(PhysOrg.com) -- A British team of engineers is planning to send a mobile smartphone into orbit on a satellite for the first time to test its ability to control the satellite and take photographs in the hostile environment of space.
The mission is called STRaND-1 (for Surrey Training Research and Nanosatellite Demonstration number 1) and is run jointly by engineers from Surrey Satellite Technology Limited (SSTL) and the University of Surreys Space Centre (SSC) in the UK.
The mobile phone will be running the Google Android operating system, but the exact model of phone is not yet known. What is known is that it will be a standard smartphone available commercially, and with no physical modifications. Also on board the 4 kg nano-satellite will be a camera to take pictures of the smartphone screen.
SSTLs project manager, Shaun Kenyon, said smartphones are pretty amazing but they have not yet been tested in an orbit several hundred kilometers above the Earths surface. The team wants to find out first if a smartphone will work in orbit, and if it does they want to find out if it can be used to control a satellite, and to test as much of the phones capability as possible.
The phone will be afforded some protection from the radiation and the large temperature variations by being mounted within the satellite casing, with a hole cut in the side for the camera lens. All pictures and messages from the phone will be transmitted back to Earth via the satellites radio.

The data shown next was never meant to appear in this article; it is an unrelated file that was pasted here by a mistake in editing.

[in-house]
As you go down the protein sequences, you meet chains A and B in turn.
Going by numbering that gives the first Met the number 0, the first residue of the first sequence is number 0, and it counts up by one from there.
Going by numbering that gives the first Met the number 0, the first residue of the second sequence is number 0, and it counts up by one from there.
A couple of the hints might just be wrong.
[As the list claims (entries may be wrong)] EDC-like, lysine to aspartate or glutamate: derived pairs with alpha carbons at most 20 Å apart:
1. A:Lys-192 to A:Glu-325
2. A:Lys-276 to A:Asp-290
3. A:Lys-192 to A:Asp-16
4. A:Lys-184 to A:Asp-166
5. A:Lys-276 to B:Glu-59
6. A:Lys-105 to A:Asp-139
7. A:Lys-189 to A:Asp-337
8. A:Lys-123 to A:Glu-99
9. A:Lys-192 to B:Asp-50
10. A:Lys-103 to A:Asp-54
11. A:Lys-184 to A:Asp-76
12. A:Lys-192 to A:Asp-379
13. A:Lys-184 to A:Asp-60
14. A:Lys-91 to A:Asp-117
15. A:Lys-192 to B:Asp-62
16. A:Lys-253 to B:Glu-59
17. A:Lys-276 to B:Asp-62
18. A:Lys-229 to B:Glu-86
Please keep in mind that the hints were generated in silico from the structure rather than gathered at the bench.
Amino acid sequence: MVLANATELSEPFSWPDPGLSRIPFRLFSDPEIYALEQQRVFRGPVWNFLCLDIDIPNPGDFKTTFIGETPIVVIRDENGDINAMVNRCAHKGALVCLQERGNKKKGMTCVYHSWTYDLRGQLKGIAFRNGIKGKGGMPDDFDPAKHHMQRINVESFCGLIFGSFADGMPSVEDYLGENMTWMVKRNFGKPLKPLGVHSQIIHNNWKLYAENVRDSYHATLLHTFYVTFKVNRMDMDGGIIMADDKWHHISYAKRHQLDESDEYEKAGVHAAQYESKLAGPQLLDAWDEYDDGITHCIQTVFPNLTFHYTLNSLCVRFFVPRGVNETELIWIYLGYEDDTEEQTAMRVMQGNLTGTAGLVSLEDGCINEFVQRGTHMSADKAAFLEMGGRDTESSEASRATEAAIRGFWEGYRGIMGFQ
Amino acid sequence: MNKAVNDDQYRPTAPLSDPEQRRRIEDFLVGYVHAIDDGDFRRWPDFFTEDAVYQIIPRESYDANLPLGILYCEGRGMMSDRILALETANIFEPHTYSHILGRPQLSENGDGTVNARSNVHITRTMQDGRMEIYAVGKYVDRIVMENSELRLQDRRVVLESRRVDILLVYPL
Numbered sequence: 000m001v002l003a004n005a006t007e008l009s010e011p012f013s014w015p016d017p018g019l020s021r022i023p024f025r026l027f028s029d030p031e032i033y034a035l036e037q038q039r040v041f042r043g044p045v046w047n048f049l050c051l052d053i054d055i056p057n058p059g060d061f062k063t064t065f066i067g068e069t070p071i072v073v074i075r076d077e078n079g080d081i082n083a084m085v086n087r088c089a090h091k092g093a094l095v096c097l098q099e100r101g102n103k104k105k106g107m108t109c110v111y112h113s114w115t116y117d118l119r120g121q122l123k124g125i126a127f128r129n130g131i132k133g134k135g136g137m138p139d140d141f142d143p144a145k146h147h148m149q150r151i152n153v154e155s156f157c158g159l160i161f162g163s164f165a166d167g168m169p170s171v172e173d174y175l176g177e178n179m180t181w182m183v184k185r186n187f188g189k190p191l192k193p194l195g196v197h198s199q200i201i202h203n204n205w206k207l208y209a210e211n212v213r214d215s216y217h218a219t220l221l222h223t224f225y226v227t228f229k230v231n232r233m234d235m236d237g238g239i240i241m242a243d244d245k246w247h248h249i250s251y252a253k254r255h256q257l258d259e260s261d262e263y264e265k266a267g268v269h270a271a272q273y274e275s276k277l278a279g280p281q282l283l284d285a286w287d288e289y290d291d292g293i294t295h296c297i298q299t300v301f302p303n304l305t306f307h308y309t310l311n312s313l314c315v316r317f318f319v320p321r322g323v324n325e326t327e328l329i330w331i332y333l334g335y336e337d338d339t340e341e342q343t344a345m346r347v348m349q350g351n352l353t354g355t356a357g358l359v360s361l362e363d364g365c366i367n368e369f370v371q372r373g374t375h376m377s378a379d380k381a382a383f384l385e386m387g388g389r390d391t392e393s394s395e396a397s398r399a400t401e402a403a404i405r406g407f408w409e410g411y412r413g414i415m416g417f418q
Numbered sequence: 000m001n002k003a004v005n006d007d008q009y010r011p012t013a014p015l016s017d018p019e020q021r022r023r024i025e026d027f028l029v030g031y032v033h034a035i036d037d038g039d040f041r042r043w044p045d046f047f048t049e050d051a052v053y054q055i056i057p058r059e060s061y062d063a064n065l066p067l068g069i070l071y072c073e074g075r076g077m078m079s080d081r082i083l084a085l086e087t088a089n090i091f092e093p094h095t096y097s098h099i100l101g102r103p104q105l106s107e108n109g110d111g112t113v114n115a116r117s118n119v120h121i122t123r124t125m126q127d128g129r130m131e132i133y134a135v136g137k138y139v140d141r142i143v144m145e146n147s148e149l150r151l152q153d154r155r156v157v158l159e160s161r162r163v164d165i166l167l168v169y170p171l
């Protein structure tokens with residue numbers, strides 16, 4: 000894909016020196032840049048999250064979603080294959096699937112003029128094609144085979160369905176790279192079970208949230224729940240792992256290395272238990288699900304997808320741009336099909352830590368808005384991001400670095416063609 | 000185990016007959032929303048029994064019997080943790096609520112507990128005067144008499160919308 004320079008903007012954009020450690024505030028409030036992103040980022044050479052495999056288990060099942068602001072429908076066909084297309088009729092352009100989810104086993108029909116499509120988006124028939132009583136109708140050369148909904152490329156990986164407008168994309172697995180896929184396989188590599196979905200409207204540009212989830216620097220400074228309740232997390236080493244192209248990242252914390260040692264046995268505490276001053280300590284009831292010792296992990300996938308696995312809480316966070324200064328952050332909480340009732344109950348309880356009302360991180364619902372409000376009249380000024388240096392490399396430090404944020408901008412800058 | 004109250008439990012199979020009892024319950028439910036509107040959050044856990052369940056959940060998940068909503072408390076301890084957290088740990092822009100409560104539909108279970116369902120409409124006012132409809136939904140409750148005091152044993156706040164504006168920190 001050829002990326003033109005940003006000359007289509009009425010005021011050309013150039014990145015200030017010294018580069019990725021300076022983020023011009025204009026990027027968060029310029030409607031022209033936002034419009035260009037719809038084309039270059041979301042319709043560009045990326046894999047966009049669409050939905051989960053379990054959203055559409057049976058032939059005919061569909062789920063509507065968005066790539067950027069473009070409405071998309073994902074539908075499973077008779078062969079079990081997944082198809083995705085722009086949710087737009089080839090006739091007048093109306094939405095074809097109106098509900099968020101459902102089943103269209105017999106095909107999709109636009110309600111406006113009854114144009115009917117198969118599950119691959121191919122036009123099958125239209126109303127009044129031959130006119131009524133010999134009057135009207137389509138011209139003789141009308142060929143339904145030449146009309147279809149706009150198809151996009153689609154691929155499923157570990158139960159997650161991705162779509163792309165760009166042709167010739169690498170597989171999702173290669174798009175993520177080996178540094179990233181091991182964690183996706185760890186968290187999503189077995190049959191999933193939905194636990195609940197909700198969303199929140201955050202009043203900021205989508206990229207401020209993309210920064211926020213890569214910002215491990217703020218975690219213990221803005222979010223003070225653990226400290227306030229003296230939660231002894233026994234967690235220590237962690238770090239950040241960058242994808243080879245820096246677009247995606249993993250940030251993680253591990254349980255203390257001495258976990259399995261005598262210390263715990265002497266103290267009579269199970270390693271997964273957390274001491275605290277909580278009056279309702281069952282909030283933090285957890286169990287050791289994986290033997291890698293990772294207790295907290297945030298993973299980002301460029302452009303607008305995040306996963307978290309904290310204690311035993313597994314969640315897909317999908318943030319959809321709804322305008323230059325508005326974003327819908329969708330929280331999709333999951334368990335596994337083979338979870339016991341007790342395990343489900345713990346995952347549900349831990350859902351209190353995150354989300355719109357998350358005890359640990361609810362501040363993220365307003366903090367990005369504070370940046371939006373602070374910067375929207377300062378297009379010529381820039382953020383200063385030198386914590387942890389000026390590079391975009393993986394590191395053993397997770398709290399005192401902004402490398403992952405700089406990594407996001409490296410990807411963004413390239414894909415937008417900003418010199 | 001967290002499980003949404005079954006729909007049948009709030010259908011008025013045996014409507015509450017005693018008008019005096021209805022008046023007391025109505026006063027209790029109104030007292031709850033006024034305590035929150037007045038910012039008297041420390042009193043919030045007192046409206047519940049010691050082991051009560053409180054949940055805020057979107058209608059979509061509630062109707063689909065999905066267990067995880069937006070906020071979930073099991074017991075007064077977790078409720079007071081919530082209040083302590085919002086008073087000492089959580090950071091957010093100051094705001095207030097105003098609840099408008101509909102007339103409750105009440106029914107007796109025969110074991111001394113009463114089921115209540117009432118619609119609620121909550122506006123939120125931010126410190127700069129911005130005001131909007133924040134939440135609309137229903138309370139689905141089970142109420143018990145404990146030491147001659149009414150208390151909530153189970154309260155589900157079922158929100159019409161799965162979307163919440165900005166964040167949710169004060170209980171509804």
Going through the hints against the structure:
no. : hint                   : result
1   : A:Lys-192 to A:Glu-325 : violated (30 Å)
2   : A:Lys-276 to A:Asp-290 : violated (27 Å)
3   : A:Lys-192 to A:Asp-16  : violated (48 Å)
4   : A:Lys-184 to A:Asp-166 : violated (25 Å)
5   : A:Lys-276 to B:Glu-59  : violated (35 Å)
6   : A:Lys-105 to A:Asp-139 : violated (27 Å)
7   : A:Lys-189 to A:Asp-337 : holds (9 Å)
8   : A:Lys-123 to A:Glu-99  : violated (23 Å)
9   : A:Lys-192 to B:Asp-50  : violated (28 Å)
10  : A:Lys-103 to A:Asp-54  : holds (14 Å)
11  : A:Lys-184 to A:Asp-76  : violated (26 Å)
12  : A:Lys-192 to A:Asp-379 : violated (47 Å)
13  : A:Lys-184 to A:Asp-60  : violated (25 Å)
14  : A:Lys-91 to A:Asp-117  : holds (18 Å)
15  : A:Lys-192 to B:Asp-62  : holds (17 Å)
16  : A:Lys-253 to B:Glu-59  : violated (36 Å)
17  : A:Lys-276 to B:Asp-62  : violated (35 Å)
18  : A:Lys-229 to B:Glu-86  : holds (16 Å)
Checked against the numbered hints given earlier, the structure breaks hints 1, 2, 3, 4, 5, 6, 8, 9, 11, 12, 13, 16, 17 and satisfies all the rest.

In the initial stages of the mission, the satellites micro-computer will be in charge of operations, with the smartphone acting as a backup, but at some stage in the mission these roles will be reversed. Operations overseen by the computer and then the smartphone include the GPS, navigation systems, miniature reaction wheels, and the pulse plasma thrusters that propel it.
Googles Android was chosen because it is open-source, which means the engineers could modify the software as required for their mission. In the future, if the phone works in orbit, relevant apps could be developed for the phones use in space.
A smartphone has never before been sent into space, but Google has used high-altitude balloons to successfully test smartphones at 18 kilometers, and a father and son team sent an iPhone up on a weather balloon last year.
If the STRaND-1 mission works, using a smartphone in space could make operations in orbit far less expensive than using custom-designed equipment. In fact, the cost of the entire STRaND-1 satellite and its payload was less than a family car.
Surrey Space Centre lead researcher Dr Chris Bridges said if the smartphone works in space it could be a real game-changer for the industry.
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